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World: Blackbirds over Cuba

2 minute read
TIME

Undetected by hostile radarscopes, a flock of Blackbirds began flying at 85,000 ft. over the Caribbean last week, their sooty titanium skins glowing cherry red from air friction as they hit top speeds in excess of 2,000 m.p.h. The planes were Lockheed’s needle-nosed SR-71s on strategic reconnaissance missions that President Carter has ordered to monitor Soviet military activity in Cuba.

If any aircraft can determine the combat capability of the Soviet brigade on the island, it is the SR-71—the fastest, highest-flying and most elusive manned aircraft in existence. So fast does the sophisticated spy plane move that when a pilot starts a 180° turn over Cuba, he completes it halfway to Bermuda. By emitting ECM, or electronic countermeasure radio frequency signals, the Blackbird can efface its image from watching radar screens.

Stationed primarily at Beale Air Force Base in California, the SR-71s last flew over Cuba in November 1978 to help determine whether Havana’s Soviet-supplied MiG-23 fighters had a nuclear capability. The answer: no. U.S. strategic satellites are also used for surveillance. But when their vision is obscured by cloud cover, the job is given to SR-71s, which have cloud-penetrating infrared sensors and cameras that can take pictures at a scanning rate of 100,000 sq. mi. per hr., making it possible to monitor military targets anywhere in the world. Most important are the Blackbird’s ELINT—electronic intelligence-gathering functions that are also known as “ferreting.” SR-71s can detect hidden objectives by interpreting electronic signals at extremely high altitudes. In addition, Blackbirds carry a long-range, side-looking radar (SLAR) that can spy deep into foreign countries without actually crossing their frontiers.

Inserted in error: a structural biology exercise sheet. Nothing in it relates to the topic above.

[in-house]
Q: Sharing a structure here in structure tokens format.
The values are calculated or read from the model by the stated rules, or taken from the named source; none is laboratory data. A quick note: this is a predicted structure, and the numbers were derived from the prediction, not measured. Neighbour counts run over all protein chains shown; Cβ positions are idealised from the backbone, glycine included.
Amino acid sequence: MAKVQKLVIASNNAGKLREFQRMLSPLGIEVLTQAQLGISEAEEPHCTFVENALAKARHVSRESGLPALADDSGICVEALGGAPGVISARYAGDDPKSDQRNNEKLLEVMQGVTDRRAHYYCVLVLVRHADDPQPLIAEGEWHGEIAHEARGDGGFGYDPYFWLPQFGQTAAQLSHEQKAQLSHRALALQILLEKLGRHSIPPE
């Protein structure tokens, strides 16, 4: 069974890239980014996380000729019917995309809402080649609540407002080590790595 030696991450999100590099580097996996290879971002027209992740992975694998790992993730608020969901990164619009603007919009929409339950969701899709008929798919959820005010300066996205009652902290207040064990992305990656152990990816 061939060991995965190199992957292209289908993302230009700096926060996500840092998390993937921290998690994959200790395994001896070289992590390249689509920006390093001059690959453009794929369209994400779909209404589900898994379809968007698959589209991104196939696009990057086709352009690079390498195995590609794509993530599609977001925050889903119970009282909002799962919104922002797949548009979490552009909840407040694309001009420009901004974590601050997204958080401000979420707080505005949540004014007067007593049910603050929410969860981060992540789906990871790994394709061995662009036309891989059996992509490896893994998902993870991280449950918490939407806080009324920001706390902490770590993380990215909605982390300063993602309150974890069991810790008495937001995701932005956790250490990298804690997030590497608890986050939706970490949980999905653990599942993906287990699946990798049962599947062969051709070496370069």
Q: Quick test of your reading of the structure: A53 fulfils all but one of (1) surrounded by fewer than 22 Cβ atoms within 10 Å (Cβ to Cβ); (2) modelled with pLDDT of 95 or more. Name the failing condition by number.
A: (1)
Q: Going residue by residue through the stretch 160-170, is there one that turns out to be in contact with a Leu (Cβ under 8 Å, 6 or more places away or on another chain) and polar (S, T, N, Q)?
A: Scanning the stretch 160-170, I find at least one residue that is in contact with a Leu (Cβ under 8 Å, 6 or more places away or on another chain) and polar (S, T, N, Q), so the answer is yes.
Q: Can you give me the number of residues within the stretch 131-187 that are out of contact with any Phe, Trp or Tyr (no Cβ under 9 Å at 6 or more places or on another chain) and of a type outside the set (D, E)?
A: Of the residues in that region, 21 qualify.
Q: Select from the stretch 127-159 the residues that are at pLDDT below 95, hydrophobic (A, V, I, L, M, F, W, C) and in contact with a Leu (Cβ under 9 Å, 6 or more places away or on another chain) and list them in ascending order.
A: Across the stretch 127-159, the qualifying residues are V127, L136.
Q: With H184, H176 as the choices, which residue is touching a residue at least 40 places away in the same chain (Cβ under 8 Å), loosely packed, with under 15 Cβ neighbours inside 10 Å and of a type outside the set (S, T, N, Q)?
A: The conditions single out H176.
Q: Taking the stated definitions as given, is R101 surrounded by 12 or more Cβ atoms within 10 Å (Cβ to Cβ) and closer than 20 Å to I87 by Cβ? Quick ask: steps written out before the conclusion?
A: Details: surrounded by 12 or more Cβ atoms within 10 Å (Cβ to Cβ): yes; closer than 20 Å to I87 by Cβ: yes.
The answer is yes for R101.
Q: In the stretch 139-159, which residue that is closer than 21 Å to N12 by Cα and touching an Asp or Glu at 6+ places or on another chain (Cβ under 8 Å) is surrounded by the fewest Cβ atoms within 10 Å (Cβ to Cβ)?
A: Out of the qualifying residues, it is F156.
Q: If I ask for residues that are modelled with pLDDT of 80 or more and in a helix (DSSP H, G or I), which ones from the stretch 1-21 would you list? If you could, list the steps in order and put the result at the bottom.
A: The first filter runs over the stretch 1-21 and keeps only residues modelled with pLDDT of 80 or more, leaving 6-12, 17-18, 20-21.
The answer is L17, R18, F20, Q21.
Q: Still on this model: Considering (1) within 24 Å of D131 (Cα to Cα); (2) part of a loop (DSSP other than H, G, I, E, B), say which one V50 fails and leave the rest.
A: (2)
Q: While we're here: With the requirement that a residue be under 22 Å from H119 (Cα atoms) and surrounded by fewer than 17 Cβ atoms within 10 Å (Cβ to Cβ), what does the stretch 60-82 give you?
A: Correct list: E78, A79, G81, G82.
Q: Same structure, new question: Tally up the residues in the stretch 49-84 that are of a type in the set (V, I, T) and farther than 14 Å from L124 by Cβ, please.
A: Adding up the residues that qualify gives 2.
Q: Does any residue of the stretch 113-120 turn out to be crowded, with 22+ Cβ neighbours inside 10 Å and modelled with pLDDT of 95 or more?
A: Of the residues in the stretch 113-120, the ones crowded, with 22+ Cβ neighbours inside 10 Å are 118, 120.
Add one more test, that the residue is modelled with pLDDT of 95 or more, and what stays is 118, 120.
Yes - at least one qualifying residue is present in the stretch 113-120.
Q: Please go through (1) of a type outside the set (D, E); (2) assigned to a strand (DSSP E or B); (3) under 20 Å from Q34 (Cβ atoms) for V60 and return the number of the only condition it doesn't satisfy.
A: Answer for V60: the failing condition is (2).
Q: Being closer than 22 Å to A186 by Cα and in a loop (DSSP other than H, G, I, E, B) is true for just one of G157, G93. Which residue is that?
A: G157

Moscow has been so concerned about the effectiveness of the SR-71s that it has repeatedly made attempts to shoot the planes down over Eastern Europe, North Korea and the Middle East with surface-to-air missiles. They have never made a single kill, but that could change. Entering the Soviet arms inventory is a new SAM called Gammon that the U.S. Air Force estimates has the capability of catching up with an SR-71. A major concern of U.S. defense authorities: if the Gammon is shipped to Havana, it could be bye-bye, Blackbird, over Cuba.

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